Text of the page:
Dr. Tigyi has a long history of groundbreaking discoveries in cancer research, including the development of compounds that block cancer cells by stopping their growth and spread. He also has been a pioneer in the development of radiation injury countermeasures. He has worked closely with Dr. Yue, an animal model expert, who has been researching ovarian cancer treatments.

"We are thrilled to continue to work together with Drs. Davern and McCord and their research team across the system on this initiatve," Dr. Tigyi said. "In my more than 30 years at UT Health Science Center, I have been privileged to work with outstanding researchers dedicated to uncovering treatments for cancer. This project takes that life's work in a new and exciting direction."

Dr. Yue's research is funded by the Department of Defense to prevent and treat the development of therapy resistance of carcinoma cells. Dr. Schwartz, the founding director of the Center for Health Equity at UT Health Science Center, also recently received $2.75 million from the Tennessee Department of Health for a project to develop a personalized support systems to tackle interruptions to radiotherapy in at-risk patients.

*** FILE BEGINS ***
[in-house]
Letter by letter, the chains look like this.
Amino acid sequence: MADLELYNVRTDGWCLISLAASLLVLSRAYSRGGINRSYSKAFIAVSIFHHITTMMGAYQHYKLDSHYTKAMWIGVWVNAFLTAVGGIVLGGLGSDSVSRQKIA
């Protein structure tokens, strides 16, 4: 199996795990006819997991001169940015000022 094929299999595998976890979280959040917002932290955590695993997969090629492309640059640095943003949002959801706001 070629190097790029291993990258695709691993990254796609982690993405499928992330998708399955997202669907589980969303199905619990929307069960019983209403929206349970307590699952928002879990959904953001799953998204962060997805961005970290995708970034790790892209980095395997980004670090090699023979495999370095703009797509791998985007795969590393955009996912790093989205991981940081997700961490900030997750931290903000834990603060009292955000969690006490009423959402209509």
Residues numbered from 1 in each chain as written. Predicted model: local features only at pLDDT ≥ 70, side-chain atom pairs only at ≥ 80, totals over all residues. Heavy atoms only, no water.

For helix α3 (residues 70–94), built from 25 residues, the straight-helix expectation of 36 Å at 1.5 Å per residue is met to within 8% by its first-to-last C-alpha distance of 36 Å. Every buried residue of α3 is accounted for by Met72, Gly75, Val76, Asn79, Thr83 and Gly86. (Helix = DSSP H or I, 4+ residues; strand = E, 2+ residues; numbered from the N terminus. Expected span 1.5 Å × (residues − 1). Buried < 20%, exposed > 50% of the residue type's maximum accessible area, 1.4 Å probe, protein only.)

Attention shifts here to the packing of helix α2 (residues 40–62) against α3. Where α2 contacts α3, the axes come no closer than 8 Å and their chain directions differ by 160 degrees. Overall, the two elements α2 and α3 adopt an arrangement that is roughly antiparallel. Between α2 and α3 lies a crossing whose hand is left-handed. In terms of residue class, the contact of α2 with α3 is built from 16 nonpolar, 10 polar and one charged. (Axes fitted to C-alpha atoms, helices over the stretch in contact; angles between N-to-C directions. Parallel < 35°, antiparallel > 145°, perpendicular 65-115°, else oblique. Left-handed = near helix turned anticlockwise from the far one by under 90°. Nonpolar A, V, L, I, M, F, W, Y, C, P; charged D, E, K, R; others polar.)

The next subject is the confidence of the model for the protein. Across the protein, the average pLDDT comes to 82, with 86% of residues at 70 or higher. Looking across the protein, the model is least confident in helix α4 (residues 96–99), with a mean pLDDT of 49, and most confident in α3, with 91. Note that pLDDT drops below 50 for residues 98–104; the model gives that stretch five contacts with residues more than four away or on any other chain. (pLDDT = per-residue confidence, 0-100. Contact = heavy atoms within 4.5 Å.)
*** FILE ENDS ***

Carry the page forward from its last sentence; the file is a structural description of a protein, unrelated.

Chancellor Buckley expressed his gratitude for the support of the competitive application by ORNL leaders, Director Stephen Streiffer, PhD; Deputy Director Susan Hubbard, PhD; UT-ORII's interim Executive Director David Sholl; Vice Chancellor for Research, Innovation, & Economic Development at UT Knoxville Deborah Crawford, PhD, and Wesley Byerly, PharmD, interim vice chancellor for Research at UT Health Science Center.

"This radiopharmaceuticals team science project is a great example of the many exciting opportunities ahead of us through statewide collaborations with our vital partners, with the goal of improving health care outcomes for the state," Dr. Byerly said.


The opinions expressed here are the views of the writer and do not necessarily reflect the views and opinions of News Medical.